"I ask forgiveness," she said simply. "It was wrong of me to try and impose my views on yours."
"It was no imposition," I told her. "The cause was sufficient." I took her hand. "But there will be no healer's office for me."
She nodded. "Does she know that you are so honorable?"
I smiled then, remembering all of T'Pring's disdain. "I very much doubt it."
"Spock," my father said to me that evening, as I worked on my analysis of T'Sisa's poetry, "I would speak to you." He spoke in the ambassadors' tones that brooked no opposition, and I could not quite repress a sigh. Whatever the ultimate subject of the discussion, it was almost certainly likely to be unpleasant. I rose to follow him into his study.
"The provost has informed me that despite the…incident last week, you are still going to graduate at the top of your class," Sarek continued. "I have also received a notice from the Vulcan Science Academy that you have been accepted to begin your studies as soon as you graduate."
The faint flicker of rebellion grew stronger within me. The place at the Vulcan Science Academy was not truly mine; it had been reserved for my brother Sybok. With his disgrace, the slot had fallen to me, and with it, all the other burdens of being Sarek's half-breed son. It was unjust, to expect me to follow in my brother's footsteps, to be the son Sybok had refused to be. Yet there stood my father, dark and implacable, insisting that I fufill my role as heir to the House of Surak.
Quite clearly, I saw the pattern of my days. I would earn my degree from the VSA, as my father had, and then follow him into the diplomatic service. And then T'Pring and I would wed, and ….I fought down the panic his words induced. Was nothing to be under my control? "Father," I said carefully, "would not some other institution be more logical?" Any place but the VSA, where I am only your son and never myself, I thought but did not say.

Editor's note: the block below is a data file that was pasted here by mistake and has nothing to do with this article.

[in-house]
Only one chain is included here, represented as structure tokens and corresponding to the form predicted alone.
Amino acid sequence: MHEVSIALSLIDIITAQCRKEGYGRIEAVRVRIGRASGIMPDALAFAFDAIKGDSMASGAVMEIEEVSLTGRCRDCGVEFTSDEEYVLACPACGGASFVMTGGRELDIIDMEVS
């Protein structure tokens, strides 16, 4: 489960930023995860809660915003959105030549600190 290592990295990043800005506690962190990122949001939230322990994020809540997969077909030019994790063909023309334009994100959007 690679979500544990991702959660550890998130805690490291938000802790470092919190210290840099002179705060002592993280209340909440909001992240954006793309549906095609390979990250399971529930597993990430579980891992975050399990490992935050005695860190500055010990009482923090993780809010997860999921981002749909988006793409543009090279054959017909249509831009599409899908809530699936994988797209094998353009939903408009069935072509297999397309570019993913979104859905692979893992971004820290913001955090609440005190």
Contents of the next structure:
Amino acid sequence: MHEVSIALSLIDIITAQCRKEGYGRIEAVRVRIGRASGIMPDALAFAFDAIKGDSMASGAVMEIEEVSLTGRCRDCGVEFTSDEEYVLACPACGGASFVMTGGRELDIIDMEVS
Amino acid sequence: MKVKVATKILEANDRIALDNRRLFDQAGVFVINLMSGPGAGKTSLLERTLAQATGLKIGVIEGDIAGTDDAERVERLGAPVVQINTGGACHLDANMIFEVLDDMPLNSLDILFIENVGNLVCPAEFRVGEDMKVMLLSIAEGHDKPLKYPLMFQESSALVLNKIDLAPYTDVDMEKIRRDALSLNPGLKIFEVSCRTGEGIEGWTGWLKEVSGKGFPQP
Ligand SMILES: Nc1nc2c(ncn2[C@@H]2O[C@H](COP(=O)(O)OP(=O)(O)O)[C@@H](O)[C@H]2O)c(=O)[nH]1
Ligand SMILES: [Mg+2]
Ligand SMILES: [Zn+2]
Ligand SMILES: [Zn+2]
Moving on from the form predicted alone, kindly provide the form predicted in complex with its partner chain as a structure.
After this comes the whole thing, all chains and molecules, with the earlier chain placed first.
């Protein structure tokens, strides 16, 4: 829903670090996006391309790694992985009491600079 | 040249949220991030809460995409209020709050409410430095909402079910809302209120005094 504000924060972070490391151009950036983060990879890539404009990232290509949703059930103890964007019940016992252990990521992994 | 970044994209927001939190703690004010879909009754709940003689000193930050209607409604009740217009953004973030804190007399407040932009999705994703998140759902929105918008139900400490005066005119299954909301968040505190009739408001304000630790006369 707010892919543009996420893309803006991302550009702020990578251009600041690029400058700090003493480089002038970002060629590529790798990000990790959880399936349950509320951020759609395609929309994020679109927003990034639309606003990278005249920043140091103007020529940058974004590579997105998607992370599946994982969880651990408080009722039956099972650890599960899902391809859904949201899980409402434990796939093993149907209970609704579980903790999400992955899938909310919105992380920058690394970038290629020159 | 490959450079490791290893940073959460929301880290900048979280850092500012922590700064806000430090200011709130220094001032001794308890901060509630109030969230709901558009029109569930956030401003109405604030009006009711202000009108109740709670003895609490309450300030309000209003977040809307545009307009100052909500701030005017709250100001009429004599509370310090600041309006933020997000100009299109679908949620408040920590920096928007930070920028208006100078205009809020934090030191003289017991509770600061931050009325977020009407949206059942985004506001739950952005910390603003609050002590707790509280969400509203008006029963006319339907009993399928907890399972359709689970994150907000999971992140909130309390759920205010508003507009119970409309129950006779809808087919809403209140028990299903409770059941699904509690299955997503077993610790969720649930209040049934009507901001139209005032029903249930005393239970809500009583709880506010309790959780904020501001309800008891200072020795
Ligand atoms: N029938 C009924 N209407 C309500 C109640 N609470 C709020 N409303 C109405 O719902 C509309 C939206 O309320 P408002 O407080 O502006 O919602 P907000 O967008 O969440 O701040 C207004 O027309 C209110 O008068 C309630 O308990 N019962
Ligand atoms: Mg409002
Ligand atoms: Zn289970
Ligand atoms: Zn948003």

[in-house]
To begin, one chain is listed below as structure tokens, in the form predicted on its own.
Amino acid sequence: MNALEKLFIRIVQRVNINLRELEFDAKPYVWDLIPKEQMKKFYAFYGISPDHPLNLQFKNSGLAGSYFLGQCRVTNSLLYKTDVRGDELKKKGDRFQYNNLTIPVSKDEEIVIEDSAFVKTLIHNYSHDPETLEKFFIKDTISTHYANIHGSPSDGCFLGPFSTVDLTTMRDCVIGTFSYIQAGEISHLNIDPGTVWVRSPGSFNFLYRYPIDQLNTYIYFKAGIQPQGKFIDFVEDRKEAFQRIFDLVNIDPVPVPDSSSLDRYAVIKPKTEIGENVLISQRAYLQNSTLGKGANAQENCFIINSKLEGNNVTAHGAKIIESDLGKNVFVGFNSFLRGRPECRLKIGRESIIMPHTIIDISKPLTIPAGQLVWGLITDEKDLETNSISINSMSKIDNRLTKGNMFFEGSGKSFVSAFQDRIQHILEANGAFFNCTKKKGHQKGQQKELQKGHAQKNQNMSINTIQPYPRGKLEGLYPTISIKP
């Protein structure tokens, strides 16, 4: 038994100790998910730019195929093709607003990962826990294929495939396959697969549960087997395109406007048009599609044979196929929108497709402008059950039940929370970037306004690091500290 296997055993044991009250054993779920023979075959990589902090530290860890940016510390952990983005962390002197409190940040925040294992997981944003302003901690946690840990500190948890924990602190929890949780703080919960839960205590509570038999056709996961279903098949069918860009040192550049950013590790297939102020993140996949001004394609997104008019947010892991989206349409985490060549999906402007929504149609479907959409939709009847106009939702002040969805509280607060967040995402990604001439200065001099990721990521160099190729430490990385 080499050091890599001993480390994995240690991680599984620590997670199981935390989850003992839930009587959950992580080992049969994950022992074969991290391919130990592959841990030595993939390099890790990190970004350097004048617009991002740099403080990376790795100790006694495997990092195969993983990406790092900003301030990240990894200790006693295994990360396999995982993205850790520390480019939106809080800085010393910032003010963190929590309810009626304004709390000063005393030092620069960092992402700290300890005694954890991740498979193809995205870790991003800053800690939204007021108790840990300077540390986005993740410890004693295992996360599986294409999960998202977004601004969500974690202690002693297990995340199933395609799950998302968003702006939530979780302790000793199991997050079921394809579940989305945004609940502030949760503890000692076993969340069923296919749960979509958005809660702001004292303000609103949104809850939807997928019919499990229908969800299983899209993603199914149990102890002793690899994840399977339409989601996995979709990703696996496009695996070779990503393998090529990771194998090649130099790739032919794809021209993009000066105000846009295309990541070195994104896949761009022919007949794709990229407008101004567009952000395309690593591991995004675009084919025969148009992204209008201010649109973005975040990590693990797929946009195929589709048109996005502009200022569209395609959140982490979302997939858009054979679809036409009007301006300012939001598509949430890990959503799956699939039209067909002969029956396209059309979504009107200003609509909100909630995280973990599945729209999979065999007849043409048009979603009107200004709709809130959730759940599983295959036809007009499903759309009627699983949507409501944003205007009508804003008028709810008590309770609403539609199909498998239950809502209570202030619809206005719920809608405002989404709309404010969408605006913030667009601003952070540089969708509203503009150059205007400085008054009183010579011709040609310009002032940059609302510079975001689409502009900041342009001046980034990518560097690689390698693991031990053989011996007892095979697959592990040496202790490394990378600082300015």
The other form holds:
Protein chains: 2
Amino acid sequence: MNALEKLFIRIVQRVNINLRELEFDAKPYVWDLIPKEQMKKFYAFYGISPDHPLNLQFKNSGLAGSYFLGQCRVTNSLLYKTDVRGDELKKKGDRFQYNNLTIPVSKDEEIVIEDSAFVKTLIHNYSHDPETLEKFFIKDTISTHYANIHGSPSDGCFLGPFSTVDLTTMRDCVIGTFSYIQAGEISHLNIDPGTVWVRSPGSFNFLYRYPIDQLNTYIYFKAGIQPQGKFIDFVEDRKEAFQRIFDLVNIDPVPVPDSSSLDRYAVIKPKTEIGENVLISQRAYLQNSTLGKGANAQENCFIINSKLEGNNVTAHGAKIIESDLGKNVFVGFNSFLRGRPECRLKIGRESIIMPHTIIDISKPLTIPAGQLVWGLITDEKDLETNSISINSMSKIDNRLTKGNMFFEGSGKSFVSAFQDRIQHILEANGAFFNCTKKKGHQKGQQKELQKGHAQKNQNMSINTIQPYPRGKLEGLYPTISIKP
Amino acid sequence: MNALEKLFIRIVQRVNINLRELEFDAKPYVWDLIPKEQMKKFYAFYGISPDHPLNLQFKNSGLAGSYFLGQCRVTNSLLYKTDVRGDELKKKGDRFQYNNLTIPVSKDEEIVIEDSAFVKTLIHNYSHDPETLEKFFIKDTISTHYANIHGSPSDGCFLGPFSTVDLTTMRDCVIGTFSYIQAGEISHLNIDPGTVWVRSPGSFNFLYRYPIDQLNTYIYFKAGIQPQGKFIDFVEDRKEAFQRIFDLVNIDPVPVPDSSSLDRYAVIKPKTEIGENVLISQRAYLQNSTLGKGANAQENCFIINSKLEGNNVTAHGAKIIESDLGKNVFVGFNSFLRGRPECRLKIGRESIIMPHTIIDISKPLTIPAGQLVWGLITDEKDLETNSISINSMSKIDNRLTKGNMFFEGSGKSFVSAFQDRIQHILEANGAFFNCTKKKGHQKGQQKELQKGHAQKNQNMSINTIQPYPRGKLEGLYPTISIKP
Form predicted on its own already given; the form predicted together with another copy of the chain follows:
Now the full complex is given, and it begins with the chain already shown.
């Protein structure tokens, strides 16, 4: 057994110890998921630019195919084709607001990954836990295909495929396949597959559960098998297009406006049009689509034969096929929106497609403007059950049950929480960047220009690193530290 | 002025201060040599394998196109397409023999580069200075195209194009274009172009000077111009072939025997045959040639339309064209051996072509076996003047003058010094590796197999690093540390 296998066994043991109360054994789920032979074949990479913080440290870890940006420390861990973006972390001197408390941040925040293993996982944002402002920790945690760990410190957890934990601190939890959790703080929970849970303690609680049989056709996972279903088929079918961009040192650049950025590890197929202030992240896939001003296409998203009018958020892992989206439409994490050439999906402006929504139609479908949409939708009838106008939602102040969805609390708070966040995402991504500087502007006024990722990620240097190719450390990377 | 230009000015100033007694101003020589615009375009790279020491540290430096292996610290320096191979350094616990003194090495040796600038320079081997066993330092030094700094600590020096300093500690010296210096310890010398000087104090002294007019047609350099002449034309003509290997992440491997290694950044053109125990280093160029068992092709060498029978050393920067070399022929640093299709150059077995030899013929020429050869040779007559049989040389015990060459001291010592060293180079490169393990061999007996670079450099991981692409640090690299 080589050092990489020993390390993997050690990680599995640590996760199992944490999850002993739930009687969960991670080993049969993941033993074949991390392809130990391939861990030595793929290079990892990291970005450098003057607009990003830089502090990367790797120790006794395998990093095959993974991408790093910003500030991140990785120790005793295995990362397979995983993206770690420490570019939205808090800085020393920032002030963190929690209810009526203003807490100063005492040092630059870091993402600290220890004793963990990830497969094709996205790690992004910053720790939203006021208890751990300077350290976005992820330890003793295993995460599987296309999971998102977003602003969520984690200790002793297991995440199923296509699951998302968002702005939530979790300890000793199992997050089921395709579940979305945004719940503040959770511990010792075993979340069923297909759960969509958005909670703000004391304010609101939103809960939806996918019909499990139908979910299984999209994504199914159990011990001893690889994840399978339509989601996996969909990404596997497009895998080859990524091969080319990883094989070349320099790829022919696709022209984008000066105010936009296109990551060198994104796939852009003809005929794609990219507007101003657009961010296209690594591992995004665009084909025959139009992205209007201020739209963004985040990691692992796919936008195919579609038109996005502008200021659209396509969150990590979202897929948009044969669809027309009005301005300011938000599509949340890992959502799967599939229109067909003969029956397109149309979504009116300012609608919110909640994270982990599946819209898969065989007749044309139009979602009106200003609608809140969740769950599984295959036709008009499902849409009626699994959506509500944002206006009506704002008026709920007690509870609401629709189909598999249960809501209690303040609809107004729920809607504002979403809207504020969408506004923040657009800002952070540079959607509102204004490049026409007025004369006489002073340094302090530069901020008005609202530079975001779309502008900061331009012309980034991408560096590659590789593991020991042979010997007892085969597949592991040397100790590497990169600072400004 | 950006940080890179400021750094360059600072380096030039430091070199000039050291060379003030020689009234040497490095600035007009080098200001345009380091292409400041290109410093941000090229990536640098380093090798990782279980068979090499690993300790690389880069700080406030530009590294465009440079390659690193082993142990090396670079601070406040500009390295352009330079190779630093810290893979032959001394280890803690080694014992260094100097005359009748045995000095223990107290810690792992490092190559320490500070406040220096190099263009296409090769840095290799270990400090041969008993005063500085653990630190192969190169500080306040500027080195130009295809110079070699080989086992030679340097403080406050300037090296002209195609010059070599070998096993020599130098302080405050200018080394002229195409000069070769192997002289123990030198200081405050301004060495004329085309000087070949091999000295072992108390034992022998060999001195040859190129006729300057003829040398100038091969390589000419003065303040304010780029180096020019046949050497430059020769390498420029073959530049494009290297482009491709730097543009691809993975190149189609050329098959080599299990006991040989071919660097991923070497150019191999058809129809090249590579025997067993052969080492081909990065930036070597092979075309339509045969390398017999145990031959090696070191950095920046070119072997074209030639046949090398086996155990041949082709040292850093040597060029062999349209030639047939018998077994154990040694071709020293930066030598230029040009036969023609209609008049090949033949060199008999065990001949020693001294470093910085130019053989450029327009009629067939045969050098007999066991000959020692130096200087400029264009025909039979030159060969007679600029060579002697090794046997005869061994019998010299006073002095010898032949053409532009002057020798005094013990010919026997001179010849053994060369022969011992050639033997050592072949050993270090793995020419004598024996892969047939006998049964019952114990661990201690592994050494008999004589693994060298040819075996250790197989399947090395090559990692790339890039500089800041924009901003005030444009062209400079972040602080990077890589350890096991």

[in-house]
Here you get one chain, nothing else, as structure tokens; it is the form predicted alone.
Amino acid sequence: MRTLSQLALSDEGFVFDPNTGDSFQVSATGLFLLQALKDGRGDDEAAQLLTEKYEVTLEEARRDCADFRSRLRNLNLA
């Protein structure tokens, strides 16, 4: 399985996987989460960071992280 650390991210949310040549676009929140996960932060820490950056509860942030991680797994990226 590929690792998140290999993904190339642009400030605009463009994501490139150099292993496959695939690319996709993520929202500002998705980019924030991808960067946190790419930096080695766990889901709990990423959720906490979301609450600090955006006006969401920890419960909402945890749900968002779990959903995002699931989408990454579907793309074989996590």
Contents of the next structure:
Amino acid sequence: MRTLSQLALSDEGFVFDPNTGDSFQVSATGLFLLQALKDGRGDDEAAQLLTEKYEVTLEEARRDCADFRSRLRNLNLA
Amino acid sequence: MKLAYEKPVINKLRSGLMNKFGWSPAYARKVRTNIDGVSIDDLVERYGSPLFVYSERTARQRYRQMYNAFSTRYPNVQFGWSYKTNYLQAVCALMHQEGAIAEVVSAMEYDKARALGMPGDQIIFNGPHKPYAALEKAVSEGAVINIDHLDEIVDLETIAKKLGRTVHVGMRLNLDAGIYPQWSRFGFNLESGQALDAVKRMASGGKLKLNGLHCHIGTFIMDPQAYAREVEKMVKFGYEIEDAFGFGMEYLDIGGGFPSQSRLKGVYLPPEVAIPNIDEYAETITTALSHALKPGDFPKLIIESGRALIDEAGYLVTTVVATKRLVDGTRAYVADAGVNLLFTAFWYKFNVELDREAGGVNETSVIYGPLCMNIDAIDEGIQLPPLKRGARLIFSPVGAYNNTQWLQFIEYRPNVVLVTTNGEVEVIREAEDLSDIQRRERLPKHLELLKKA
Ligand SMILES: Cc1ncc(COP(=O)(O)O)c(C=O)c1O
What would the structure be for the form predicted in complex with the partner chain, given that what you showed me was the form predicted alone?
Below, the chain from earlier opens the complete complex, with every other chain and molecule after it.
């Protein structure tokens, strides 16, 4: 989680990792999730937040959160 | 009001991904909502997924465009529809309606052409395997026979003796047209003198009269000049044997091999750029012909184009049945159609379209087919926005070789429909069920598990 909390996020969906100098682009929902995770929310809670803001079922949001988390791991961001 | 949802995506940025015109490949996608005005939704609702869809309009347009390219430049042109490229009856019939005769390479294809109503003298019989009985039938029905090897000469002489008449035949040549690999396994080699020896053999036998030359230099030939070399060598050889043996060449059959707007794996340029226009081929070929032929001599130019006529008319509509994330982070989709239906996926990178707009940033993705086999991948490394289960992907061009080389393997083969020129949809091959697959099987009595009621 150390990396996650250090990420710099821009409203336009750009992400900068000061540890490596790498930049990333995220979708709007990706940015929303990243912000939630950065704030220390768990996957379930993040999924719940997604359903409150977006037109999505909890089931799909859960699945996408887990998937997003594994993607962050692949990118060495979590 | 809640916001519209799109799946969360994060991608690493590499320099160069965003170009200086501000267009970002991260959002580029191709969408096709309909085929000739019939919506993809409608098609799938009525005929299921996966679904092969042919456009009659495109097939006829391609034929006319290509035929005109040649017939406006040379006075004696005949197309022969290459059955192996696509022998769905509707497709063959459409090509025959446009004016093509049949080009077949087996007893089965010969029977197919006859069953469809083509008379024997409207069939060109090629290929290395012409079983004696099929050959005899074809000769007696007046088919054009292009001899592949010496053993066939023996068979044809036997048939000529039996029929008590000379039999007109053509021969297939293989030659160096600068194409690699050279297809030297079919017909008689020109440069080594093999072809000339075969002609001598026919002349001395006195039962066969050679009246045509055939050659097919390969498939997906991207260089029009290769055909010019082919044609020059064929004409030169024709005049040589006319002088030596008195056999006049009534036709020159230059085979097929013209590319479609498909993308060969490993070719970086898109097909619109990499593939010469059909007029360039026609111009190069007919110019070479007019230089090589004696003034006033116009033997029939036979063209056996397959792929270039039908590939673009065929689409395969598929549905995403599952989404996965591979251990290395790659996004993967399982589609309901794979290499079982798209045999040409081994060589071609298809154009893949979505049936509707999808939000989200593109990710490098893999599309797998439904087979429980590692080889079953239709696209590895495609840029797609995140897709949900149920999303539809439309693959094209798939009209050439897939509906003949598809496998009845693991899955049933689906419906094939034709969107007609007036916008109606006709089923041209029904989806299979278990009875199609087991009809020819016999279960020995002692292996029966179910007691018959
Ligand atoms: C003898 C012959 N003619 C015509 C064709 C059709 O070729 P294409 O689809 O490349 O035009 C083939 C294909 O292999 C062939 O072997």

"The eldest children of the House have always attended the VSA." Always, the words of an ambassador, acknowledging my words but ignoring them nonetheless. Abruptly, I thought of T'Liorah, who had no such artifice in her, and wondered why her quick wisdom should be the one despised.
Sarek did not wait for my answer; it was assumed that I would agree as I had always done. When he left the study, I stared out onto the desert night and saw only the stars I would never reach.
"What do you see in them?" T'Liorah asked. It had been four days since we'd been able to see each other outside of school, but with our parents either absent or deliberately unseeing, we had taken the time to enjoy the desert stars. We were inside the botanical park, an area screened from night predators and weather, but still perfectly private. The proprietor, an aged human, had seen me there many times and, with a disturbingly knowing glance at T'Liorah and I, had quietly left the security gate open.
"What do you mean?" I asked, taking a drink of the herbal tea T'Liorah had brewed before we left.
"The stars," she replied simply. "I see you watch them from time to time. What do they tell you?"
Again, I felt the dull press of the panic my father's words had caused. "Nothing," I said shortly.
She raised one eyebrow. "I rather doubt that." T'Liorah tilted her head up to look at the constellations, and I could not help but notice the way her red hair, now unbound, tangled down her back. She was graceless and chaotic, but she was also beautiful in her disorder. "So tell me their stories."
I thought of the stories my mother had told, stories that she had written down or cared enough to remember. With other Vulcans, the legends were scorned as pre-Reformation illogic, nothing worth preserving. But somehow it seemed right that T'Liorah should also care. Who else, in our ordered world, would? "That one," I said, pointing up at the constellation that looked like a graceful woman with a sword, "is T'Sileh the Wanderer. The legend says that she fought for her betrothed when he was captured by an evil demon, and as a reward for her heroism, the gods placed her image in the stars."
T'Liorah smiled up at me. "She must have loved him very much."
The phrase made my breath catch. No one ever spoke of love between betrothed couples, only duty and madness. Could there not be something more, something that made all the madness of the Time worth it? "I should hope so, for what she risked." And it seemed logical that I would take her hand in mine.
The night passed slowly as I told her the other stories of the constellations: of T'Sira and Shenek, of Sihara, the god of the oasis and his lover T'Renna. All of the stories were about the wonders of bonded love, of friendship and trust and honor, and yet, there would be no such endings for T'Liorah and I. I had my duty to T'Pring, and whatever else I felt was of little importance. "Spock," she said slowly, "why do you not go to the stars?"
"I can't," I said dully. "I am to go to the Vulcan Science Academy after graduation."